There wasn’t much to lift their spirits on the pitch. There was a real energy to Valencia, who were showing plenty of ambition and already displaying signs of breaking away from the Marcelino playbook, a bold move as Albert Celades looked to stamp his authority on a team which had been fiercely loyal to his predecessor.
On 27 minutes though, Valencia produced a counter-attacking move which their former boss would have been proud of, even if it was finished off by players who struggled for game time under his leadership. A rapid break, featuring a touch and go offside call which would spark fierce debate after the game, resulted in highly rated youngster Ferran Torres getting free down the Valencia right. His cutback found the advancing Denis Cheryshev who was left with the simplest of finishes for the game’s opening goal.
To some extent, the goal had been coming but the Russian’s strike did finally spark Athletic into a bit of life and they found a bit more rhythm soon afterwards with a direct run and shot from Iñaki Williams forcing Jasper Cillessen in the Valencia goal into action for the first time.
However that was about as good as it got for Athletic in the First Half. It was a curiously lacklustre performance from a side that had reverted back to more of an old-fashioned, physical and some might say typically Basque approach under the guidance of Gaizka Garitano.
The Bilbao-born boss is about as Basque as they come with a playing career that took in stints at not just Athletic but also Real Sociedad, Alaves and Eibar. His style of football typifies the fiercely hard-working and slightly more direct approach that Basque footballers are known for although it may be a stretch too far to say that is permanently ingrained in the club’s DNA with Athletic’s most recent period of success coming under Marcelo Bielsa.
The Argentine brought both style and substance to what was then still the old San Mamés during the 2011-12 season. That campaign, which saw Athletic reach both the Europa League and Copa del Rey finals, is remembered fondly to this day and there is still a banner at one end of the stadium bearing Bielsa’s name. It’s certainly a club that remembers its legends and the match programme featured a magnificent image from another era altogether with action from the first official European game at the old San Mamés in 1956 which saw forward Jose Luis Artetxe score a hat-trick in a 3-2 win over Porto.
A few of the current crop may go on to ultimately be held in such high esteem but in the much shorter term, there was work to be done if Athletic were going to get anything out of their home clash with Valencia and extend their long unbeaten record in front of their own fans.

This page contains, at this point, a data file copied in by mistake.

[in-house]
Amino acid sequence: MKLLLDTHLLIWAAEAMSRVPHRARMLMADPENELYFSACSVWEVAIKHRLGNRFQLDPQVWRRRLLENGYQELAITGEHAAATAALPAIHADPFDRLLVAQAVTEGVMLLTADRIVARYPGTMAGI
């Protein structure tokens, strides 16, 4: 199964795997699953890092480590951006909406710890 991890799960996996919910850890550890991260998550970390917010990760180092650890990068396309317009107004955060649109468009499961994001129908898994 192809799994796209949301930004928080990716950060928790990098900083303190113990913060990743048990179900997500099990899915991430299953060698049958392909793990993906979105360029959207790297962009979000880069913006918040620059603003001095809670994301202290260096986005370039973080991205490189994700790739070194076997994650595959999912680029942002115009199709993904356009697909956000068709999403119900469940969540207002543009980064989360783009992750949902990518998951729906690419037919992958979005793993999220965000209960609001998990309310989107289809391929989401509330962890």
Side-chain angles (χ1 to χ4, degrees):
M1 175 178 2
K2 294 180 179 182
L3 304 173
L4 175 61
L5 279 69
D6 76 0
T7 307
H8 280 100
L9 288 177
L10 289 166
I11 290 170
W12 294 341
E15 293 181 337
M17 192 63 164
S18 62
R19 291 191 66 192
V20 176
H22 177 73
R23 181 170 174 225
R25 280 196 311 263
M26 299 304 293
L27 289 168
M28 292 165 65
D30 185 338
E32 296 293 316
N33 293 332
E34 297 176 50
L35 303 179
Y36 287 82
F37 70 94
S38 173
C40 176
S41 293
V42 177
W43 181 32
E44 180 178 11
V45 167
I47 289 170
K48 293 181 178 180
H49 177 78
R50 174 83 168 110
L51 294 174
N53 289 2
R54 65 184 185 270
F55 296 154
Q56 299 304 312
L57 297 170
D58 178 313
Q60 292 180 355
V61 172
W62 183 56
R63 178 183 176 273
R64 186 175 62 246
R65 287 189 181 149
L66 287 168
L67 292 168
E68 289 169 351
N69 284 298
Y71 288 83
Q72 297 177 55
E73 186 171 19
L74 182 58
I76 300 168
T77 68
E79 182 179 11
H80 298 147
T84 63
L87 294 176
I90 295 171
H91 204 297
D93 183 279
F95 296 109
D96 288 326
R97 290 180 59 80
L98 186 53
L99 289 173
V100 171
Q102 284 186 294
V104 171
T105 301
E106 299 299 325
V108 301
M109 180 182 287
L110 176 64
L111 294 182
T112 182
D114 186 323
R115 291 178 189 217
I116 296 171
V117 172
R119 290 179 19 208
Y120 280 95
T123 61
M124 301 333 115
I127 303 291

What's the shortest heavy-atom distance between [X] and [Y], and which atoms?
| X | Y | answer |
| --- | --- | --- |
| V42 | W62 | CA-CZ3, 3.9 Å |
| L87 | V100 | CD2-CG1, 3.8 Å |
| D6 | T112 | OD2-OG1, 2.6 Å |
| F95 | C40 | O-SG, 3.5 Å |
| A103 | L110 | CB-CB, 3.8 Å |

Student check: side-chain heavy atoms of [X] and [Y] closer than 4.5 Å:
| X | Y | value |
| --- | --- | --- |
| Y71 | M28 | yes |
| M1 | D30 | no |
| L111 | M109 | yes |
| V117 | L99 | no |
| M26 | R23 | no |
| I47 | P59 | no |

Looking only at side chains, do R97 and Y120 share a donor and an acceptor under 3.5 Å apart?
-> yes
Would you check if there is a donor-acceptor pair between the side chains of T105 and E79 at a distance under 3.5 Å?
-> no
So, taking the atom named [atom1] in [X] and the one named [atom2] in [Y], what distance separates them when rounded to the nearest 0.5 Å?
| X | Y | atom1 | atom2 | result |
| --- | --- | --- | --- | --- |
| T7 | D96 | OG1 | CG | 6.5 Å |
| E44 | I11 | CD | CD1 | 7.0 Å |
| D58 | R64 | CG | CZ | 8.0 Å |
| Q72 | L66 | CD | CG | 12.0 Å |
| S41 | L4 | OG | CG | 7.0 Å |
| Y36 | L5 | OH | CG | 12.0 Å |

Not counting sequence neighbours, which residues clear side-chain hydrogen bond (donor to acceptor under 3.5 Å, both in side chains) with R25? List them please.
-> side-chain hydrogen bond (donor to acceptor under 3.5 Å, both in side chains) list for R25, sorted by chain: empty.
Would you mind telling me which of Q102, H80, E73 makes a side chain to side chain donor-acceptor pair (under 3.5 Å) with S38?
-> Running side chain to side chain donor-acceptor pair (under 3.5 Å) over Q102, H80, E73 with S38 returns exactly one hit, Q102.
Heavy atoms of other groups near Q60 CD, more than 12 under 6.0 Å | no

There was immediately a greater buzz in the stadium as the Second Half commenced. The decibel levels seemed to rise with every decision that went against them. By this point many Athletic fans were aware that TV pictures appeared to show there was an offside in the build-up to the Valencia goal, in apparent contradiction of the VAR verdict of what should have been a ‘black and white’ call.
Chants of ‘Athletic, Athletic, Zu Zara Nagusia!’ (Athletic, Athletic, you are the best!) went up in an attempt to lift the team but it was Valencia who had the first big chance of the Second Half with Maxi Gómez denied by Simón.
There was more purpose to Athletic though and they’d soon go very close to an equaliser. Again it was Williams whose low strike was kept out by the legs of Cillessen. He could just about react in time to connect with the rebound but the 25 year old could only divert it onto the post to the frustration of the natives who might have been beginning to sense that it wasn’t going to be their day.
Garitano, who was by this point bellowing instructions from the edge of his technical area, threw on veteran forward Aritz Aduriz, whose stunning bicycle kick had defeated Barcelona on the opening weekend. He added a bit more of a presence up top and Athletic continued to ask questions with Iker Muniain and Williams again drawing saves out of Cillessen.
Valencia gave the impression that they weren’t quite sure how best to defend their lead, perhaps understandable given they’d let a 3-1 advantage slip to only draw at home to Getafe a few days earlier. They were still committing bodies forward and had a couple of breaks where they outnumbered the Athletic rear guard and really should have added a second. The best of the chances fell to Ferran Torres whose goal bound effort was blocked by the bravery of Yeray Álvarez with Simón in no position to make the save.
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Athletic’s hopes of a late leveller were further hampered by a serious looking injury to full-back Yuri Berchiche. He left the field on a stretcher following an awkward fall and with Garitano having already used all three subs, the hosts were forced to play out the final few minutes with ten men.
The small group of approximately a hundred Valencia fans high in one corner of San Mamés were beginning to sense that they’d be taking all three points back to the Mestalla. They let out a huge roar as their side won a throw-in just in front of them to kill a few more valuable seconds and before long the referee, who hadn’t done much to endear himself to the people of Bilbao, blew up to single Full-Time.
There was a muted reaction from the Athletic fans with any anger vented towards the officials rather than their team. It was a first home league defeat in almost twelve months and the first since the appointment of Gaizka Garitano.
Their unbeaten start to the season was also over and it left fans with plenty to reflect on as they filtered back out onto the streets of Bilbao for a few post-game pintxos, beers or perhaps a kalimotxo – which is basically red wine mixed with coke, a popular drink in the Basque country.
While there’s no European football at San Mamés this season, the early signs are that Athletic are on the right track again under Gaizka Garitano, who still boasts an impressive 50% win ratio, ten months into the job. A push for Europa League qualification is the most realistic objective this season but either way, Bilbao will be thrust into the European spotlight when it hosts four European Championship matches next summer. The tournament is set to see the Spanish national team make their somewhat controversial return to the city for the first time in over half a century.
Any Euro 2020 visitors will discover a proper football town and one of the best stadiums on the Iberian peninsular. In a modern, arty city that has reinvented itself over the past two decades and truly left its industrial roots behind, Athletic Club remains the one reassuring constant that links old and new Bilbao together.